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ARTHUR R. VON HIPPEL

1898–2003

Elected in 1977

“For pioneering in molecular engineering and in setting a pattern for interdisciplinary materials research.”


BY RUSTUM ROY


PROFESSOR ARTHUR R. VON HIPPEL, professor of electrophysics, founder and director of the Laboratory for Insulation Research, and Institute Professor at the Massachusetts Institute of Technology (MIT), died on December 31, 2003, in Weston, Massachusetts. He was a pioneer and champion of interdisciplinary studies at MIT, and his laboratory was an existence theorem for the value of interdisciplinary study and research in academia.

Dr. von Hippel was born in Rostock, Germany, on November 19, 1898. He married Dagmar Franck, daughter of the German physicist James Franck, in 1930; the von Hippels became naturalized American citizens on April 21, 1942. They had five children, Peter Hans, Arndt Robert, Frank Niels, Eric Arthur, and Marianne Margaret.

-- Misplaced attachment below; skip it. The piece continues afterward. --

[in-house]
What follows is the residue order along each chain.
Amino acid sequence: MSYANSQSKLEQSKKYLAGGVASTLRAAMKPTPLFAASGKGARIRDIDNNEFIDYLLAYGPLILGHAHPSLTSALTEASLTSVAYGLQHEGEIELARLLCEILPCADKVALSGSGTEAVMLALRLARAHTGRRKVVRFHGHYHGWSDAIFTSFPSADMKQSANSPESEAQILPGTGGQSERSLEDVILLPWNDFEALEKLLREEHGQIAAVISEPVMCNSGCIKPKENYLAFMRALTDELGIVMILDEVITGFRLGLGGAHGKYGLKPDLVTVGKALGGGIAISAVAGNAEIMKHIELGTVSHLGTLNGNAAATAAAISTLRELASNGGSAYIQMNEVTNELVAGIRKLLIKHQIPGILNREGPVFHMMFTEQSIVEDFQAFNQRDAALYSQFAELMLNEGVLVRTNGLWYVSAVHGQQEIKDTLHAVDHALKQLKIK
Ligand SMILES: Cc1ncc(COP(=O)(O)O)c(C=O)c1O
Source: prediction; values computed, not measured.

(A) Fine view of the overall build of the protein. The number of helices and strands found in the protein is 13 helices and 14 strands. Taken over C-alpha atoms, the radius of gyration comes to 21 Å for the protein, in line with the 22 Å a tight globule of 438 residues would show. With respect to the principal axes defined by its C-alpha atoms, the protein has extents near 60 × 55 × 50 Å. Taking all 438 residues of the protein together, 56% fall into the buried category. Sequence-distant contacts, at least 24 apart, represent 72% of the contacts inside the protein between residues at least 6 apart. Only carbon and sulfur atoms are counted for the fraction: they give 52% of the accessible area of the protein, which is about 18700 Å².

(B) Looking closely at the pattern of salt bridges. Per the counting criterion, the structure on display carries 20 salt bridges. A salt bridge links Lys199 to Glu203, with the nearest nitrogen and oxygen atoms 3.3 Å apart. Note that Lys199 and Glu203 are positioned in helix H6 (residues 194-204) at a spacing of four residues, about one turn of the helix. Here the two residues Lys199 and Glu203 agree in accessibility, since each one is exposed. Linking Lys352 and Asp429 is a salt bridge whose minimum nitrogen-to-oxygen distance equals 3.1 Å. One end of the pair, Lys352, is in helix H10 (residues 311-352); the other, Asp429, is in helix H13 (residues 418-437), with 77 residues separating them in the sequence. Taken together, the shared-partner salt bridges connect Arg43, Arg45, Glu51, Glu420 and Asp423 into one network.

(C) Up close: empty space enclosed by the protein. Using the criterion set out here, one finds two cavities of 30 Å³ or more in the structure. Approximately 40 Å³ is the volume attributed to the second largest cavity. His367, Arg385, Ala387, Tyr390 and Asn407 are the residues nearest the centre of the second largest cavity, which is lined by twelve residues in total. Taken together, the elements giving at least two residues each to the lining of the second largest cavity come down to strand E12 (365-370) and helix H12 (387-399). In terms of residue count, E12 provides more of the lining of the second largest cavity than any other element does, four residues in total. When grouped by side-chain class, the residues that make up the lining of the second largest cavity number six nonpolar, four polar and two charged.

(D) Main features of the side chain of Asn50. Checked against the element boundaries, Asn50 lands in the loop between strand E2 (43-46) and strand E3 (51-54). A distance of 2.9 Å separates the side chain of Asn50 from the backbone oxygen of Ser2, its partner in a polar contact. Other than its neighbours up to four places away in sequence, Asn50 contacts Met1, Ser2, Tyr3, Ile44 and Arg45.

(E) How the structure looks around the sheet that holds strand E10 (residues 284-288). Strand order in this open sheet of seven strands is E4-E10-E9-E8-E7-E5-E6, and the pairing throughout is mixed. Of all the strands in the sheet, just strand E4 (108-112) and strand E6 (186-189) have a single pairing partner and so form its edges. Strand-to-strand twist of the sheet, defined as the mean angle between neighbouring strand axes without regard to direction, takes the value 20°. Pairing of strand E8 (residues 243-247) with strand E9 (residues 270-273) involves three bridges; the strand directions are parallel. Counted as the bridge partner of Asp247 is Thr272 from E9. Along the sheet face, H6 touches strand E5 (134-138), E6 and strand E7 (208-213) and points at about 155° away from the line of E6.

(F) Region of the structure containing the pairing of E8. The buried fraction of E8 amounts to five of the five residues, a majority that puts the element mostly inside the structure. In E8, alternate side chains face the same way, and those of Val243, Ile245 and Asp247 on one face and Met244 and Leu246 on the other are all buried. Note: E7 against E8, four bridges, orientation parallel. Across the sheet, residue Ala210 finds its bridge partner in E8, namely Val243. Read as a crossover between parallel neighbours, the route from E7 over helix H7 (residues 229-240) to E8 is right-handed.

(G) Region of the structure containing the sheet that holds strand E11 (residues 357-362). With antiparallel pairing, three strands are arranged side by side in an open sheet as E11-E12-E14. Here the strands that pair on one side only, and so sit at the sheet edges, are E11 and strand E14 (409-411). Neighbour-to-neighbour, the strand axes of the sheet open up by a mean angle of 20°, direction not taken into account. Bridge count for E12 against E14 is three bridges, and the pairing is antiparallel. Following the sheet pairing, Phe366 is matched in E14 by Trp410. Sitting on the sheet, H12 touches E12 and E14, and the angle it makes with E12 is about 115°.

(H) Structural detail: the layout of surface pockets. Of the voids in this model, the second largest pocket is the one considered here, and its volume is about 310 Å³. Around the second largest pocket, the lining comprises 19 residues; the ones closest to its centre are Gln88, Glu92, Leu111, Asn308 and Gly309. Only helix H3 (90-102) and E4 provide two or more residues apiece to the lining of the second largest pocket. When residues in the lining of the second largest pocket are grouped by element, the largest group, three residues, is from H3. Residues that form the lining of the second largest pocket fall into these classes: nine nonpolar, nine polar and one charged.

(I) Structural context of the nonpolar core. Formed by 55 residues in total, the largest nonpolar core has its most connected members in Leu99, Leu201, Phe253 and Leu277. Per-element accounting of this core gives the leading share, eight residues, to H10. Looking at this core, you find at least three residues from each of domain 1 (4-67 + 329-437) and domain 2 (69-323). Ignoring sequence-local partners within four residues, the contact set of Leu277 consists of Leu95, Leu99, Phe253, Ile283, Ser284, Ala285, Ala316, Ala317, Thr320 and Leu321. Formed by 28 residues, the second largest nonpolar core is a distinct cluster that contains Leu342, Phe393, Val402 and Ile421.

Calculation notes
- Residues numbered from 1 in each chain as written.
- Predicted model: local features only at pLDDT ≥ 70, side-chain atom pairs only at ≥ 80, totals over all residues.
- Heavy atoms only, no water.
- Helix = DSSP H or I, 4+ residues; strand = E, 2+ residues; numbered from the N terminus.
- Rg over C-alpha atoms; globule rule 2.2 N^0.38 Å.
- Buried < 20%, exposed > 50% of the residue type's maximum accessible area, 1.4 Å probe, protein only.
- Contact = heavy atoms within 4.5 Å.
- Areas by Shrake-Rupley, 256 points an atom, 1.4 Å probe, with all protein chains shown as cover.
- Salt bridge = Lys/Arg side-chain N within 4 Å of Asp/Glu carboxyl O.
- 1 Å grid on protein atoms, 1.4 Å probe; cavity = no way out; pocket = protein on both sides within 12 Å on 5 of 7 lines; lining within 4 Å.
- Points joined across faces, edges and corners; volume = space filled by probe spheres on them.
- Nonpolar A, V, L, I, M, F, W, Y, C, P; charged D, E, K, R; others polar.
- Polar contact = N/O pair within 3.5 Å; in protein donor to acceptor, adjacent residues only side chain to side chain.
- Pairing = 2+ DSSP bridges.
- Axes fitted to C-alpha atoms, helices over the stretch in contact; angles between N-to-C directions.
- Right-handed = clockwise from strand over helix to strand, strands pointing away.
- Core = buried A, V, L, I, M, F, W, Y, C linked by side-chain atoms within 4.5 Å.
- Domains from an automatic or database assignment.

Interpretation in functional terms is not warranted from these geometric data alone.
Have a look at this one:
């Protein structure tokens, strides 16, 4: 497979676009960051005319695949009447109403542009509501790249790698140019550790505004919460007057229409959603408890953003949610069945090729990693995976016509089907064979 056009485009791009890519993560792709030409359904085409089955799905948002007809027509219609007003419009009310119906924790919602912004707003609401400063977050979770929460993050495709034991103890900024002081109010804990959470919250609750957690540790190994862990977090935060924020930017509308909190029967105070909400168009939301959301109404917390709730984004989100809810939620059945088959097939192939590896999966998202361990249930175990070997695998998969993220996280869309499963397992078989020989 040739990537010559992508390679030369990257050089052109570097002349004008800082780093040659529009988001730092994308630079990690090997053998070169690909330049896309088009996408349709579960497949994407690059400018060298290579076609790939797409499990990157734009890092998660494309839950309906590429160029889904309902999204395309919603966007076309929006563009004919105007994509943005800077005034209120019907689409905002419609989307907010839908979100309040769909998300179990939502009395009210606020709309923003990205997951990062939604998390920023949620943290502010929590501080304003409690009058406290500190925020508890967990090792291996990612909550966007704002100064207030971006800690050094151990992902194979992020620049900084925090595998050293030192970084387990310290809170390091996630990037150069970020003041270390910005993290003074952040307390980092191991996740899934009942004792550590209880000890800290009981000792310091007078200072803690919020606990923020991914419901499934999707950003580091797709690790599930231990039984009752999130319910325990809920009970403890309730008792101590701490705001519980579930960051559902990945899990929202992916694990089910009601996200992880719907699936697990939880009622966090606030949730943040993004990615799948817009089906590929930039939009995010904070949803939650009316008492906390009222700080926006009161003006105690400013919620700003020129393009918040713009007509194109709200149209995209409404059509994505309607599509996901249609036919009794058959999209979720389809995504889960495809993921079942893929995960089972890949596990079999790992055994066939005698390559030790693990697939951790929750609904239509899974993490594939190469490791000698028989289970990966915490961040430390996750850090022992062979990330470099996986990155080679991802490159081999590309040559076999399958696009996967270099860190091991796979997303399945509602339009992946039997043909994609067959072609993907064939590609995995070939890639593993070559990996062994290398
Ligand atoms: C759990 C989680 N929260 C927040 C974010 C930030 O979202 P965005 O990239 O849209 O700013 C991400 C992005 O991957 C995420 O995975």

Professor von Hippel studied at the University of Göttingen, where he received the degree of doctor of philosophy in 1924. He spent three years doing research at the University of Jena, under Professor Max Wien, and then a year as a Rockefeller Fellow in physics at the University of California. He then returned to Jena for a year as Privat-Dozent. From 1929 to 1933, he was Privat-Dozent in Professor James Franck’s Institute at the University of Göttingen. In 1935, he spent a year as professor at the University of Istanbul. From there, he went to the Niels Bohr Institute in Copenhagen, where he worked with Professor Bohr on dielectric breakdown.



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